Jonathan Favero

As an artist I am regularly concerned with the audience, or my public. I compose what most would call “classical music,” so it probably goes without saying that my public in that realm is, unfortunately, pretty small, and often not too diverse (i.e., sometimes it’s only other composers).  All of us in the public scholars program are writers, and here too we consider our public, who in most cases is made-up of our colleagues. Perhaps, the regularity of audiences being other academics is why we often speak of “the public at-large” as some sort of Other that exists beyond the borders of the academy. But, many of us teach, and here we encounter a broader, relatively more assorted public that makes these so-called borders more pliable and porous, as teaching presents an abstract idea of what the public means, how far it reaches, and the exponential possibilities there in. This reminds us that the academy, and all of us in it, are part of the public, or at least, a public that engages with other publics, that together affect other publics, and so on, and so on… The public scholars program gives us a lot to think about in these regards of who and/or what is “the public,” as we are challenging these notions of identity and place, and their relationships within and outside all sorts of communities, along with their real, or imaginary borders.

This summer I will be working with the Positive Youth Justice Initiative and the Sierra Health Foundation on a report that addresses standards of care, regulations, and reforms in the California Division of Juvenile Justice. I am looking forward to exploring the concept of the public within this framework, as I am sure my current conception of what it is, and my expectations of what my role will be in it, will likely be accurate in a handful of ways, while simultaneously taking shape within, or being reshaped by the experience, as there is so much for me to learn about this particular public, or this community. Obviously, the people reading the report that I contribute to, whether it’s my supervisor and co-workers, or policy makers and legislatures, or anyone with an interest in reading it, will be an audience, and a type, or types of a public that I will be engaging with. Examining previous reports, policies, and standards, will create another abstract means of public engagement, e.g. interacting with a “past public” so-to-speak. The past and present standards and policies, and data analyses and subsequent reports, will likely lead to interaction with administrators and staff members within the juvenile justice system, and certainly within the PYJI, locally and possibly statewide.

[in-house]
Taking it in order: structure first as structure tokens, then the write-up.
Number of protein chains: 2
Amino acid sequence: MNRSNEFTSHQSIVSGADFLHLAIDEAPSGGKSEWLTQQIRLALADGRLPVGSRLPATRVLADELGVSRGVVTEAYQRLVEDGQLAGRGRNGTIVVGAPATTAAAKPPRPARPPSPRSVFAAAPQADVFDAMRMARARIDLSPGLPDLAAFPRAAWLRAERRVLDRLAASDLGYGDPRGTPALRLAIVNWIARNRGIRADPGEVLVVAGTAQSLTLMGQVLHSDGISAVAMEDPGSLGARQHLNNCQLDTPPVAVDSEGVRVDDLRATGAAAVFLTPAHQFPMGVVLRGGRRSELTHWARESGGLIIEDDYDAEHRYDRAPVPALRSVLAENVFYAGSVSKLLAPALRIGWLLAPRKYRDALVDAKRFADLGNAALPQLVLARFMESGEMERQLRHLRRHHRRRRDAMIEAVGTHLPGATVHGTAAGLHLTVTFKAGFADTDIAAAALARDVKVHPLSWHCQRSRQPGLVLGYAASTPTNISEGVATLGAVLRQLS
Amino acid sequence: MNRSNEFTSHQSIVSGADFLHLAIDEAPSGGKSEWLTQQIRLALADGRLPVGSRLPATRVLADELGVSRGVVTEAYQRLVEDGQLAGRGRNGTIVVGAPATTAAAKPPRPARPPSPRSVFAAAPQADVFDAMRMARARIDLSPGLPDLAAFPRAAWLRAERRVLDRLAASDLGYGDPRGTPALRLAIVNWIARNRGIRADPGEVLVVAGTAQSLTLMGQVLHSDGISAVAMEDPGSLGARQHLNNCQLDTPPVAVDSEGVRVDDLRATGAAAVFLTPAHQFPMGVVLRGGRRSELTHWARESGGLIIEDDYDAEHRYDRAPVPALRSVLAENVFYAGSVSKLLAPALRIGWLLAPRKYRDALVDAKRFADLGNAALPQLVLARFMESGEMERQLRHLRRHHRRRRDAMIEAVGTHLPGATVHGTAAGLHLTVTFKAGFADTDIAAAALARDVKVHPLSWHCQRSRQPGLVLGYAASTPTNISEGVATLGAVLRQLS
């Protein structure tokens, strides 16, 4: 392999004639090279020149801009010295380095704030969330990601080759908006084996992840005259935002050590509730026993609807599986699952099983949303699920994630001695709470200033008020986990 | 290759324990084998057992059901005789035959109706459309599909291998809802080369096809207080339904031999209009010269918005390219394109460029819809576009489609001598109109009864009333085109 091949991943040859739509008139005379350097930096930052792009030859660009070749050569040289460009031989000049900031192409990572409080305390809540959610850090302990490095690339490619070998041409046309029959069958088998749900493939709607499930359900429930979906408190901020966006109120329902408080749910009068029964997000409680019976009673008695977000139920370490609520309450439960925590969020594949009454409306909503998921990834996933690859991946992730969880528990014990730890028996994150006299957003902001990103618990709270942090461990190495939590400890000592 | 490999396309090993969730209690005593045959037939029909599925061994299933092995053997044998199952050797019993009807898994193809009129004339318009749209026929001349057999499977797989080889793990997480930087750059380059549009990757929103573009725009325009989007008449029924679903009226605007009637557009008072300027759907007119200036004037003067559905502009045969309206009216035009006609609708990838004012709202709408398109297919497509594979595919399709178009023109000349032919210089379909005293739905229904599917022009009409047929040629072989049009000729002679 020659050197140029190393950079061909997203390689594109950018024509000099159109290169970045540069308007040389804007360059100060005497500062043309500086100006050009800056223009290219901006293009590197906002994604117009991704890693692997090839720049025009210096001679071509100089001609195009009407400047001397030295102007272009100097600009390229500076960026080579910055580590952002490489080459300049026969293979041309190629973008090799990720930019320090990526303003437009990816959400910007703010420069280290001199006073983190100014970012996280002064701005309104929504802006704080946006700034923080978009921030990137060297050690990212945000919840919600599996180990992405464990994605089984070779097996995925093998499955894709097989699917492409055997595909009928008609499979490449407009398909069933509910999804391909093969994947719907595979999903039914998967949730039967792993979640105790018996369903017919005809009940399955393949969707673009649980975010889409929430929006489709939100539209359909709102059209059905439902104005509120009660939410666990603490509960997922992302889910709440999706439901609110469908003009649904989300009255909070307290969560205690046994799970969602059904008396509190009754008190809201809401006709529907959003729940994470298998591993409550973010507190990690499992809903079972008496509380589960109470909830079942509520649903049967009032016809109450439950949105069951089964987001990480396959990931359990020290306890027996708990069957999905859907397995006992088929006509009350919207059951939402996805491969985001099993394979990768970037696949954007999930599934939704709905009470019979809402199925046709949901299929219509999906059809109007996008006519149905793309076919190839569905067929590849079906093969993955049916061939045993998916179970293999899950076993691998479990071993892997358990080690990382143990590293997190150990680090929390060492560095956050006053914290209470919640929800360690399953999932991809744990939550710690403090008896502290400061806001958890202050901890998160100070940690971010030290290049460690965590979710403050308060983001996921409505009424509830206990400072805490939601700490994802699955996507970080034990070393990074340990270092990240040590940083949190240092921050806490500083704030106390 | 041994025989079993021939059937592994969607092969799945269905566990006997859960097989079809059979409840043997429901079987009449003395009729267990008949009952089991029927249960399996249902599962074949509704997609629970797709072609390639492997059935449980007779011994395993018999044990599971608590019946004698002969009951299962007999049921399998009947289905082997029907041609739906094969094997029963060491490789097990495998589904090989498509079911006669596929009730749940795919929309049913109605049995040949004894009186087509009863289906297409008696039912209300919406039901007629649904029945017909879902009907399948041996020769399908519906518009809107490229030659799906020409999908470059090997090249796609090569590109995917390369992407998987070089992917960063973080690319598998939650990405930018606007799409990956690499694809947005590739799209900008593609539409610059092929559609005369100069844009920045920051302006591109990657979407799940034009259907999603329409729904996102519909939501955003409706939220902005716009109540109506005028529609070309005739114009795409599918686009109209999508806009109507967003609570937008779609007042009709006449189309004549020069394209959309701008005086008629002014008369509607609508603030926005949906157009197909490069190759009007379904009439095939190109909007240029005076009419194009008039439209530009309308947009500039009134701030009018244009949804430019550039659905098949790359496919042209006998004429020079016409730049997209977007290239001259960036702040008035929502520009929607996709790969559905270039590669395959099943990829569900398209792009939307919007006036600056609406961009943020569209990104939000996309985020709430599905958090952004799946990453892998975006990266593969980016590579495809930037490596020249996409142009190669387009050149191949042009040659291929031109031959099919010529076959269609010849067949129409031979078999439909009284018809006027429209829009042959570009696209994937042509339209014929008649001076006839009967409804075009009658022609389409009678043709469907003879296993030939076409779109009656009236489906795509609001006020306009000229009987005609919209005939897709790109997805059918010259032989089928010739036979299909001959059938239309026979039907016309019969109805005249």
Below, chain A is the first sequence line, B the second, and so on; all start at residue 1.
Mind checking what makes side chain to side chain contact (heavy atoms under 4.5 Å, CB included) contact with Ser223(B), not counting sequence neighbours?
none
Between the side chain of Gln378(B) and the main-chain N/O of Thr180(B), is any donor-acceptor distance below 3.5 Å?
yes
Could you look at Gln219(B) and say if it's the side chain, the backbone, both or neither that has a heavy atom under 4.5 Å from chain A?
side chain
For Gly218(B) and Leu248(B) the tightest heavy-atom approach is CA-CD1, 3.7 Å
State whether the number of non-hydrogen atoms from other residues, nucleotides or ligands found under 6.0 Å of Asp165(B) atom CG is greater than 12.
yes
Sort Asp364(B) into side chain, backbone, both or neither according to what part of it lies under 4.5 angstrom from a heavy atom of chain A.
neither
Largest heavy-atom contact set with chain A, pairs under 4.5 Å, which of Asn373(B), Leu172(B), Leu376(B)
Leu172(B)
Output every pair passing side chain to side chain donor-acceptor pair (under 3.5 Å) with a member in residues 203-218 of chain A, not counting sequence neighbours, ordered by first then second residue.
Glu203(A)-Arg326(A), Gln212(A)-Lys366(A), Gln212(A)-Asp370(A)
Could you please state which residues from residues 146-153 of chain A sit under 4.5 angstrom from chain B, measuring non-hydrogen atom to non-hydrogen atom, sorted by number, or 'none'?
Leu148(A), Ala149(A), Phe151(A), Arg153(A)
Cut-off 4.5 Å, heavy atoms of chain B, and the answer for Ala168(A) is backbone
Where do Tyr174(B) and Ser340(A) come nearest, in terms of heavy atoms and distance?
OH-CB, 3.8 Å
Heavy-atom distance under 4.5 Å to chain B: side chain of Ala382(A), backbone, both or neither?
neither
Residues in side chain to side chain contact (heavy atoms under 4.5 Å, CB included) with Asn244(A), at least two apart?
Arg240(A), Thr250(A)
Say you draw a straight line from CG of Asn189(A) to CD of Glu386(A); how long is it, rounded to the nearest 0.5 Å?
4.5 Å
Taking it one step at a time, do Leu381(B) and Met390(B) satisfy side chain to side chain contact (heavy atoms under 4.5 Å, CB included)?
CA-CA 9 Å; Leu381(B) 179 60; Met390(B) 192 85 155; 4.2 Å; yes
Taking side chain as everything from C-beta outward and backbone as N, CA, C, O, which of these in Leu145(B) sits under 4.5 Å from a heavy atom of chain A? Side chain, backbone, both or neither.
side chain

With so many possibilities, this is all quite exciting, for a number of reasons, but foremost because I will be involved in what Matt Cervantes, Senior Program Officer at the Sierra Health Foundation, has described as, “(a) chance to do something transformative” for crossover youths—young people who have experienced trauma and/or maltreatment and currently are engaged in the juvenile justice system. This transformation that Cervantes speaks of is rethinking juvenile justice, and putting the needs of the detained in the forefront, so our justice system becomes less punitive and more supportive, as a majority of the youths involved in the system have faced emotional and physical traumas and abuses, and their needs have too often been neglected. Ultimately, these young people are the public that I will be engaging with; but, they in turn will engage with other publics, including me and my other publics, and all of us will continue engaging with our communities throughout our futures, and so on, and so on… Thus, again, we see an abstract, exponential set of possibilities for public engagement, where the borders are intangible, and the outcomes are limitless.